Some Thoughts on Paul Being "Caught Up" Into Heaven
In his book, Life After Death: A History of the Afterlife in Western Religion, Professor Segal makes interesting points about Paul's reference to "a man in Christ" being "caught up into the third heaven." 2 Cor. 12:1-5.
First, Professor Segal notes that Paul's statement that he did now know whether this person was caught up "in the body or out of the body" effectively preclude the notion -- such as propounded by Doherty -- that Paul viewed such things Platonically:
We should note that Paul did not utilize the concept of a soul (pysche) to effect his heavenly travel. Not being sure of whether the ascent took place in the body or out of the body is the same as saying that one is not taking account of the Platonic concept of the soul. Had Paul been using the Platonic version, he certainly would have known quite well that the only way to get to heaven, to ascend beyond the sublunar sphere, was by leaving his body behind.
Alan Segal, Life after Death, page 411.
I do take issue with Segal's comment that the reason Paul is confused about the nature of the ascension is because he was unable to "distinguish between bodily and spiritual journeys to heaven." Ibid. It would seem that because Paul knew it was an either/or proposition, he well knew that there was a theoretical difference. It was only that as a practical matter he couldn't figure out which one it was. Afterall, the Pharisees believed in both the immortality of the soul and the reconciliation/resurrection of the body. This would seem to be right in line with Paul's allowing for the possibility of either ascension.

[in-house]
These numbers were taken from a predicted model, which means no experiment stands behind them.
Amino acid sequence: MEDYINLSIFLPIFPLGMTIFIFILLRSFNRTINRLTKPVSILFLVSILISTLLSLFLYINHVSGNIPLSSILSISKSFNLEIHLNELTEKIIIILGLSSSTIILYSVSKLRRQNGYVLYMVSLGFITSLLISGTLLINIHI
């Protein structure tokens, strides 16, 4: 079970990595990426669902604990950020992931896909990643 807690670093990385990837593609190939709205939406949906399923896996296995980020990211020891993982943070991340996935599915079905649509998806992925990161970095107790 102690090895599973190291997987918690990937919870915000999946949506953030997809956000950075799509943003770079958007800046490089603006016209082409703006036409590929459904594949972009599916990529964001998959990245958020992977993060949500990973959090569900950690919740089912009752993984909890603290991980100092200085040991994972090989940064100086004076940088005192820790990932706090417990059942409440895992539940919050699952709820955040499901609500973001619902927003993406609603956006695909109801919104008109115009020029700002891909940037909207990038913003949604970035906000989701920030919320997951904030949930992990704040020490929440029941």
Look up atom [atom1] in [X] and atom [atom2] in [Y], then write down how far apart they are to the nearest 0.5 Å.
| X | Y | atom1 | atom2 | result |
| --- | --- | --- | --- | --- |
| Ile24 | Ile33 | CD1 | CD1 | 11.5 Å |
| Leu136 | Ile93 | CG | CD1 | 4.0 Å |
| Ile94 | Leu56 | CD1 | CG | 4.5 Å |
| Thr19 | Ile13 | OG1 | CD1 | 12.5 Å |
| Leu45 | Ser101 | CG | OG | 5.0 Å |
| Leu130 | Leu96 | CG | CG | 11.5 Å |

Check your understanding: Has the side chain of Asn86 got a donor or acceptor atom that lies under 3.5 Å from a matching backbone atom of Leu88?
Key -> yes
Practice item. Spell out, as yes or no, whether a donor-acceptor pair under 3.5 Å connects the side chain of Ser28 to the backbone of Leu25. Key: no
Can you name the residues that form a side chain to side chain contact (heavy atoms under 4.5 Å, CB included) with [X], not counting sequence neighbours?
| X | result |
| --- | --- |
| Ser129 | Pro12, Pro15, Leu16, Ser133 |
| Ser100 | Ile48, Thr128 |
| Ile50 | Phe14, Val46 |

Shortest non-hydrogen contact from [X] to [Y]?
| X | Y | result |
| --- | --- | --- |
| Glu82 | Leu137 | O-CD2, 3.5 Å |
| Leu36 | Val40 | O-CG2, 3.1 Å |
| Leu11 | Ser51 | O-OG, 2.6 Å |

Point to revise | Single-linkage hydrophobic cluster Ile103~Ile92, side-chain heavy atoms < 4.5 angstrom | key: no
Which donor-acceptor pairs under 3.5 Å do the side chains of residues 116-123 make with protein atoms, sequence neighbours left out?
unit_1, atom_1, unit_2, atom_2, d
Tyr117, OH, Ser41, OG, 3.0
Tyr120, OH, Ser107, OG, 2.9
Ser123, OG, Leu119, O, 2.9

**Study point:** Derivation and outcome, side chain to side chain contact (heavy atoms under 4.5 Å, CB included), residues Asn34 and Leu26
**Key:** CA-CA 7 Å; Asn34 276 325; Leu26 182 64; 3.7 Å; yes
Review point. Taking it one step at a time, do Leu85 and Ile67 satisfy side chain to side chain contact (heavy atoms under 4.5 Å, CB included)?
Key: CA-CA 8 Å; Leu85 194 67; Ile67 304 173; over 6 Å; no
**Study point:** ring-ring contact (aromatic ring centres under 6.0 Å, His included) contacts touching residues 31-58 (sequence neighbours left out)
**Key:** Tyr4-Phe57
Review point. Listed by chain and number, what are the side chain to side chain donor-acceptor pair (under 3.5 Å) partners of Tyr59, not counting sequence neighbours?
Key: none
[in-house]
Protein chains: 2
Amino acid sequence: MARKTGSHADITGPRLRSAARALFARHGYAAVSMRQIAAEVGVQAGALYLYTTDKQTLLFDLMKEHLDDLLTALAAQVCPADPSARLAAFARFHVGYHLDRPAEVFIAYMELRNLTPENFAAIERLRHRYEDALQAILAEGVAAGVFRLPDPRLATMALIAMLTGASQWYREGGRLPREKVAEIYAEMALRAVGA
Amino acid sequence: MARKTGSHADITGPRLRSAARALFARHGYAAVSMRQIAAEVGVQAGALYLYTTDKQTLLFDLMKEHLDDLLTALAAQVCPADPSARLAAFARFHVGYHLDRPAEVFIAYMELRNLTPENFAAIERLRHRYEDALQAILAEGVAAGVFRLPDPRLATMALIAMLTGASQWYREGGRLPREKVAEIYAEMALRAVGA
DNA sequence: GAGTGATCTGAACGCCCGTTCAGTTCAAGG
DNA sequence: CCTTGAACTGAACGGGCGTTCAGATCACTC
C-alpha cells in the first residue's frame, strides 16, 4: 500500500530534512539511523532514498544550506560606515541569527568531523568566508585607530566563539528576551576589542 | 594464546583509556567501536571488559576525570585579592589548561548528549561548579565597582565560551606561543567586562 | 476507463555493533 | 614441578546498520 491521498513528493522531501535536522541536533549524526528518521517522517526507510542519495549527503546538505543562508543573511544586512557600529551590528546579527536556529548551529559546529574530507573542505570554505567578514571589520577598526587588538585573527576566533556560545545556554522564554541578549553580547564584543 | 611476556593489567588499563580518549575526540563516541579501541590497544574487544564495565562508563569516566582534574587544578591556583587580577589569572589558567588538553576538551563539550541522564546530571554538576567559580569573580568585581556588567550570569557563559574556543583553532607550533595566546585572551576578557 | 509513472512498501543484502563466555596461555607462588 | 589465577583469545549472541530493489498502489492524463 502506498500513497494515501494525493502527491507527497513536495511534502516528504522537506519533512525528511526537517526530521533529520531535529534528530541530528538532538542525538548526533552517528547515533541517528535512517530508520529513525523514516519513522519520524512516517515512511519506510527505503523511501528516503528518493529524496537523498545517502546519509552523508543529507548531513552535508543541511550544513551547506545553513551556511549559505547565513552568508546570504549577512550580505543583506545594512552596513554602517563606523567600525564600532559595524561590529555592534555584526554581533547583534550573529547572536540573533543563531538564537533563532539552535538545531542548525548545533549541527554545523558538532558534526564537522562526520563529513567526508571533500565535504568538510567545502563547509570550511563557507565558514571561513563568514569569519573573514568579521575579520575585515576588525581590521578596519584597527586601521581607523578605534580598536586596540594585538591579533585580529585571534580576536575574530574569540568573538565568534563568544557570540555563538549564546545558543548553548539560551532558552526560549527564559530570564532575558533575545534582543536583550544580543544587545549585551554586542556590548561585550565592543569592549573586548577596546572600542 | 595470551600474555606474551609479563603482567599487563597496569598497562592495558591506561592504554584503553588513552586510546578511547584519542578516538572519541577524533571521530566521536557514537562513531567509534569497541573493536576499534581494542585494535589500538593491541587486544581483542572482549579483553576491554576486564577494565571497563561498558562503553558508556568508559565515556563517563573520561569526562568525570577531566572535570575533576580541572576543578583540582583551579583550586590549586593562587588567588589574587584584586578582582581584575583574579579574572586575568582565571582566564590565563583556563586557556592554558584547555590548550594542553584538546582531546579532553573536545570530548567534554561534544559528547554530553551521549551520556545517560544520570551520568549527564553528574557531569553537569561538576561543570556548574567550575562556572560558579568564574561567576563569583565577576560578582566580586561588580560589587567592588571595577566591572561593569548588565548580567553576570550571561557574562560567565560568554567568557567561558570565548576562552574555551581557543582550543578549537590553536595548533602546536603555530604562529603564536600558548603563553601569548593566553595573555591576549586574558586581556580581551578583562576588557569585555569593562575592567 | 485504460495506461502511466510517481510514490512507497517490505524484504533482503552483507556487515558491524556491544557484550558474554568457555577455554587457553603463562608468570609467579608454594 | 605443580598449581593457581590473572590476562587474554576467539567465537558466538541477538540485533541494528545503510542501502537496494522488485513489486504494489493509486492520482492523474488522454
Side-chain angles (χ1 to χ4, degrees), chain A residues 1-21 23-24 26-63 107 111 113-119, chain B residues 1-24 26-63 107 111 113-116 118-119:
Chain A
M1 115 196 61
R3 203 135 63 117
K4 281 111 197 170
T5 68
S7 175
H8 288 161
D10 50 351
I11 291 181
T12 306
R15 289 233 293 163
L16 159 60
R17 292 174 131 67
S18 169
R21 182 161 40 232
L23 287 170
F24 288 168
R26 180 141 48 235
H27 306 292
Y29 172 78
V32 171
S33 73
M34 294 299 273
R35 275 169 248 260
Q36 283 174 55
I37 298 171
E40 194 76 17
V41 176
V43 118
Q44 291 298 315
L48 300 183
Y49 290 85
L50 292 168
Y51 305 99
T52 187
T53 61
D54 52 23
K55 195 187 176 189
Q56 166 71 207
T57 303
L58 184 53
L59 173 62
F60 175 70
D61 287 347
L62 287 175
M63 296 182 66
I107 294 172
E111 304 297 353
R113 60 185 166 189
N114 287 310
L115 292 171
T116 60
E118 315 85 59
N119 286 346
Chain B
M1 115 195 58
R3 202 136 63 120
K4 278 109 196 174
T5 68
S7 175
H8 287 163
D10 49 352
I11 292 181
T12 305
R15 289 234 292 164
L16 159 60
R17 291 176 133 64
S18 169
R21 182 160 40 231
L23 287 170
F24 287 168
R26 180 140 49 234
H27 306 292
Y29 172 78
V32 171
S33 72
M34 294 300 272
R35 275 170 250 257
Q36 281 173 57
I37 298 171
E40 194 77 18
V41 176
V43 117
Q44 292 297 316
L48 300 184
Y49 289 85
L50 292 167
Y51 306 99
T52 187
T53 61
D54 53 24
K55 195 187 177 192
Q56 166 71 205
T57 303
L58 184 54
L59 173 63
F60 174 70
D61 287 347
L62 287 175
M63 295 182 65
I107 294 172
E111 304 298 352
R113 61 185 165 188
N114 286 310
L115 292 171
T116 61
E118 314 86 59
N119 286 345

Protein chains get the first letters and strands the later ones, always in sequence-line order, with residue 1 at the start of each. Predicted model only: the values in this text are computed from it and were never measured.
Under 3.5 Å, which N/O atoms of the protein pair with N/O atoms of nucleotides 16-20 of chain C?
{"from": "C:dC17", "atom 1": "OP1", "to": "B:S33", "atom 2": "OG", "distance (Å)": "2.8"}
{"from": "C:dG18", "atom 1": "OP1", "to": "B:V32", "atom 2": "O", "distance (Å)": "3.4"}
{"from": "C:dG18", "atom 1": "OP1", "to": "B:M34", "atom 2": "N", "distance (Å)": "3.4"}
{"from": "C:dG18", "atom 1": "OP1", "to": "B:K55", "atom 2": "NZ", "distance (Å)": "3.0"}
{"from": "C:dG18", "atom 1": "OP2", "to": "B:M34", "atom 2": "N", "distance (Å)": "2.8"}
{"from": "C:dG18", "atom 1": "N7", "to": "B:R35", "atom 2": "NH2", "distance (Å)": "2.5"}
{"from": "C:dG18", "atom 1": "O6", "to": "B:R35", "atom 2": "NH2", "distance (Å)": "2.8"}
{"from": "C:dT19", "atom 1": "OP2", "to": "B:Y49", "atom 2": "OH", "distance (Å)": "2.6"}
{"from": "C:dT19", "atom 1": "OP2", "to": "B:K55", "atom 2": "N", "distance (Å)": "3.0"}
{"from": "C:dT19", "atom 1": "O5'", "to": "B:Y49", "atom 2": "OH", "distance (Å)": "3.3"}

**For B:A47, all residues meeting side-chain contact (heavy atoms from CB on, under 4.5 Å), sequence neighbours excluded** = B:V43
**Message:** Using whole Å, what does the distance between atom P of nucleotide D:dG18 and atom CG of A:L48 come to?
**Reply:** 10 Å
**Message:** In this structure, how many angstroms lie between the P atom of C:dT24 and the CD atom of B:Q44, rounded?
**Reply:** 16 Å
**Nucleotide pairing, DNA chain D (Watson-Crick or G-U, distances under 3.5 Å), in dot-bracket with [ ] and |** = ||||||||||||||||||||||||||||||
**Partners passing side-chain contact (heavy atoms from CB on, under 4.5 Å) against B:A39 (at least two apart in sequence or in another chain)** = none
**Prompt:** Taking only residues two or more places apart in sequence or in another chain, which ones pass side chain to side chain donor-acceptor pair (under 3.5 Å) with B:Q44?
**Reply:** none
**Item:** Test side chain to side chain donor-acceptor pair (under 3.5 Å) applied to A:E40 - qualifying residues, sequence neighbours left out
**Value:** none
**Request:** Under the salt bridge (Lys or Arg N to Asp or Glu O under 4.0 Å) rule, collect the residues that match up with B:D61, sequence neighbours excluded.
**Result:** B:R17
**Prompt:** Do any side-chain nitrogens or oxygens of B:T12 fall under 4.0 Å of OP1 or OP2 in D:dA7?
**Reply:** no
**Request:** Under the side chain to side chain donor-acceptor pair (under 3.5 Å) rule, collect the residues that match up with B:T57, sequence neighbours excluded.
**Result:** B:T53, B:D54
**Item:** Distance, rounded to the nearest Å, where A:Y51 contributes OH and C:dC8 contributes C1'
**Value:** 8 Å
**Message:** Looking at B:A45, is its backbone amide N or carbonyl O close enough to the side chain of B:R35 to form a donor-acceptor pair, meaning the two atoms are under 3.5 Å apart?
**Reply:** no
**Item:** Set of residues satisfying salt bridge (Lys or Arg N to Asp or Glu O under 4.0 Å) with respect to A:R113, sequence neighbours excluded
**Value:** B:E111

Second, Segal offers an explanation about why Paul refers to the event as if it happened to someone else ("I know a man in Christ . . . . ."). Most scholars conclude that Paul was talking about himself here. But why so obliquely? As it turns out, a good Pharisee like Paul would be expected to keep a "respectful silence" about their spiritual experiences. Ibid, page 409.
It is significant that in 2 Corinthians 12, when Paul talked about mystical journeys directly, he too adopted a pseudepigraphical stance. He did not admit to the ascent personally. Apart from the needs of his rhetoric, Rabbinic rules also forbade public discussion of mystic phenomenon. A first-century date for this rule would explain why Paul would not divulge his experience in his own name at that place. It would also suggest why Jewish mystics consistently picked pseudepigrahical literary conventions to discuss their religious experience.
Ibid, pages 415-16.
So, according to Segal, Paul is referring to himself but as a good Pharisee he does so in an oblique manner.
Though I'm finding things I disagree with as well, Segal's new book is very informative.